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Daniela Famulari

Bio: Daniela Famulari is an academic researcher from National Research Council. The author has contributed to research in topics: Eddy covariance & Reactive nitrogen. The author has an hindex of 23, co-authored 44 publications receiving 1907 citations. Previous affiliations of Daniela Famulari include University of Manchester & University of Edinburgh.

Papers
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Journal ArticleDOI
Gilberto Pastorello1, Carlo Trotta2, E. Canfora2, Housen Chu1  +300 moreInstitutions (119)
TL;DR: The FLUXNET2015 dataset provides ecosystem-scale data on CO 2 , water, and energy exchange between the biosphere and the atmosphere, and other meteorological and biological measurements, from 212 sites around the globe, and is detailed in this paper.
Abstract: The FLUXNET2015 dataset provides ecosystem-scale data on CO2, water, and energy exchange between the biosphere and the atmosphere, and other meteorological and biological measurements, from 212 sites around the globe (over 1500 site-years, up to and including year 2014). These sites, independently managed and operated, voluntarily contributed their data to create global datasets. Data were quality controlled and processed using uniform methods, to improve consistency and intercomparability across sites. The dataset is already being used in a number of applications, including ecophysiology studies, remote sensing studies, and development of ecosystem and Earth system models. FLUXNET2015 includes derived-data products, such as gap-filled time series, ecosystem respiration and photosynthetic uptake estimates, estimation of uncertainties, and metadata about the measurements, presented for the first time in this paper. In addition, 206 of these sites are for the first time distributed under a Creative Commons (CC-BY 4.0) license. This paper details this enhanced dataset and the processing methods, now made available as open-source codes, making the dataset more accessible, transparent, and reproducible.

681 citations

Journal ArticleDOI
TL;DR: In this paper, the measurement of ambient concentrations of atmospheric ammonia gas (NH3), based on eight different measurement methods were compared above an intensively managed agricultural field in late summer 2008 in Southern Scotland, where the field was fertilised with urea midway through the experiment, leading to an increase in the average concentration from 10 to 100 ppbv.
Abstract: . Eleven instruments for the measurement of ambient concentrations of atmospheric ammonia gas (NH3), based on eight different measurement methods were inter-compared above an intensively managed agricultural field in late summer 2008 in Southern Scotland. To test the instruments over a wide range of concentrations, the field was fertilised with urea midway through the experiment, leading to an increase in the average concentration from 10 to 100 ppbv. The instruments deployed included three wet-chemistry systems, one with offline analysis (annular rotating batch denuder, RBD) and two with online-analysis (Annular Denuder sampling with online Analysis, AMANDA; AiRRmonia), two Quantum Cascade Laser Absorption Spectrometers (a large-cell dual system; DUAL-QCLAS, and a compact system; c-QCLAS), two photo-acoustic spectrometers (WaSul-Flux; Nitrolux-100), a Cavity Ring Down Spectrosmeter (CRDS), a Chemical Ionisation Mass Spectrometer (CIMS), an ion mobility spectrometer (IMS) and an Open-Path Fourier Transform Infra-Red (OP-FTIR) Spectrometer. The instruments were compared with each other and with the average concentration of all instruments. An overall good agreement of hourly average concentrations between the instruments (R2>0.84), was observed for NH3 concentrations at the field of up to 120 ppbv with the slopes against the average ranging from 0.67 (DUAL-QCLAS) to 1.13 (AiRRmonia) with intercepts of −0.74 ppbv (RBD) to +2.69 ppbv (CIMS). More variability was found for performance for lower concentrations (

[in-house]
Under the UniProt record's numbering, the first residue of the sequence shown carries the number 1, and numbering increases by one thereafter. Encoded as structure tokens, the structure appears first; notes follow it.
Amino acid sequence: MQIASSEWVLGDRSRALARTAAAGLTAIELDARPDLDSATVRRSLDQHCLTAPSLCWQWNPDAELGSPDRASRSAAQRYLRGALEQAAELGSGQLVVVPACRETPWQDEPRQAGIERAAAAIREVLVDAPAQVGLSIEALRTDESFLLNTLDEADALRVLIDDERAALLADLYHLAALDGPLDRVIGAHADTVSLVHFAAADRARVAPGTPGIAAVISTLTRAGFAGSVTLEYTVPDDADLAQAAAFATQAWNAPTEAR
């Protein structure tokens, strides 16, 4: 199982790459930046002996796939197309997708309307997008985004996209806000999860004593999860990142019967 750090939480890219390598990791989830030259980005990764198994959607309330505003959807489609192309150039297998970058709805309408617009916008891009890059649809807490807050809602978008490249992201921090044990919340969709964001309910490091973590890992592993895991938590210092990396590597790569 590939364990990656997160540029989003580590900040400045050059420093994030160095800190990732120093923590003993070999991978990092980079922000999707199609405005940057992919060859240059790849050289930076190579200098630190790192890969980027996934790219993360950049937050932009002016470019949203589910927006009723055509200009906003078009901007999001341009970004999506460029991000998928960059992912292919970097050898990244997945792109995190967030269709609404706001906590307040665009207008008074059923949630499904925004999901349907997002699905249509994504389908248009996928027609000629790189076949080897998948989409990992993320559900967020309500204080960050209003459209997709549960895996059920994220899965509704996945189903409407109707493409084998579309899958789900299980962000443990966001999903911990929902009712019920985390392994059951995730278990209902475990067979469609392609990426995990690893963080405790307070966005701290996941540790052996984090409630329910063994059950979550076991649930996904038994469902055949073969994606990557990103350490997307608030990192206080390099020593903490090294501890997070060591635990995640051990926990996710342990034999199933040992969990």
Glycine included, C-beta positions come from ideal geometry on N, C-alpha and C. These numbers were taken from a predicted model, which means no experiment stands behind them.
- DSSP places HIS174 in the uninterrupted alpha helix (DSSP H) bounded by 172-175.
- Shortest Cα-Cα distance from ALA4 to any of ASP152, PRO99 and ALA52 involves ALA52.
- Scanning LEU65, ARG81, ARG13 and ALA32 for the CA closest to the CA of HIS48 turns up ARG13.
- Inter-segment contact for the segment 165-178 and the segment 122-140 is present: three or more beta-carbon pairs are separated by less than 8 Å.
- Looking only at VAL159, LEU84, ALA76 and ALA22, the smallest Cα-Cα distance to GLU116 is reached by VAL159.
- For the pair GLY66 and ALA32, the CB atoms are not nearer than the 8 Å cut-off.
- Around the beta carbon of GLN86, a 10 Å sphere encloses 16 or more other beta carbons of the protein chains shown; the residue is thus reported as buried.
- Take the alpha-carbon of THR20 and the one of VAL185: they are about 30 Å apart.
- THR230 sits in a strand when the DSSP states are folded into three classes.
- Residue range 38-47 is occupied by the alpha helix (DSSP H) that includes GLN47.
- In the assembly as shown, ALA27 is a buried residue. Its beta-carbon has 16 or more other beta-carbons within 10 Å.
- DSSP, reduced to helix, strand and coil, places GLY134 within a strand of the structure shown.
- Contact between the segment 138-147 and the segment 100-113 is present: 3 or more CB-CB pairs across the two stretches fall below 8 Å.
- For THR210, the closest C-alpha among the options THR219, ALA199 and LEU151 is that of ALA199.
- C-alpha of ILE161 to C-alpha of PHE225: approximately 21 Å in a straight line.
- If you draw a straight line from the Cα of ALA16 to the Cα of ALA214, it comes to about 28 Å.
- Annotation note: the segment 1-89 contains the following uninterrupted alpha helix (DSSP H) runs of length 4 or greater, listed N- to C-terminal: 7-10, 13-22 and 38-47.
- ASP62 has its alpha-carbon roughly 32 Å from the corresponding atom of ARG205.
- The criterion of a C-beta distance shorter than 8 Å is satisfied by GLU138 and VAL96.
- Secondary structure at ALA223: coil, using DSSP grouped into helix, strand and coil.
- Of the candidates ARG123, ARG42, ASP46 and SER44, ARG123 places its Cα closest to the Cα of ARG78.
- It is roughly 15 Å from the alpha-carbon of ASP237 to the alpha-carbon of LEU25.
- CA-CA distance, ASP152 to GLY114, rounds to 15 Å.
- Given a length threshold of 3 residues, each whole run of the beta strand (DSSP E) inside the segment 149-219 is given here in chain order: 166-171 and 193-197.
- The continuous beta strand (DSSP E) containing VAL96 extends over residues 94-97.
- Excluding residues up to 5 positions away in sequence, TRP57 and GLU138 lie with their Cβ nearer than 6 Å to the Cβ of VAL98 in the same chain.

218 citations

Journal ArticleDOI
TL;DR: The integrated perspective needed to quantify the net effect of N on greenhouse-gas balance is being addressed by the NitroEurope Integrated Project (NEU), which applies a 3-tier Flux Network together with a Manipulation Network of global-change experiments linked by common protocols to facilitate model application.

201 citations

Journal ArticleDOI
TL;DR: In this paper, the applicability of local similarity theory (as developed over rural terrain) is tested using observations of flow from a sonic anemometer located at 190.3 m height in London, U.K. using about 6500 h of data.
Abstract: Flow and turbulence above urban terrain is more complex than above rural terrain, due to the different momentum and heat transfer characteristics that are affected by the presence of buildings (e.g. pressure variations around buildings). The applicability of similarity theory (as developed over rural terrain) is tested using observations of flow from a sonic anemometer located at 190.3 m height in London, U.K. using about 6500 h of data. Turbulence statistics—dimensionless wind speed and temperature, standard deviations and correlation coefficients for momentum and heat transfer—were analysed in three ways. First, turbulence statistics were plotted as a function only of a local stability parameter z/Λ (where Λ is the local Obukhov length and z is the height above ground); the σi/u* values (i = u, v, w) for neutral conditions are 2.3, 1.85 and 1.35 respectively, similar to canonical values. Second, analysis of urban mixed-layer formulations during daytime convective conditions over London was undertaken, showing that atmospheric turbulence at high altitude over large cities might not behave dissimilarly from that over rural terrain. Third, correlation coefficients for heat and momentum were analyzed with respect to local stability. The results give confidence in using the framework of local similarity for turbulence measured over London, and perhaps other cities. However, the following caveats for our data are worth noting: (i) the terrain is reasonably flat, (ii) building heights vary little over a large area, and (iii) the sensor height is above the mean roughness sublayer depth.

130 citations

Journal ArticleDOI
TL;DR: The NitroEurope project aims to improve understanding of the nitrogen cycle at the continental scale and quantify the major fluxes of reactive N by a combination of reactive n measurements and modelling activities.

112 citations


Cited by
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Journal ArticleDOI
16 May 2008-Science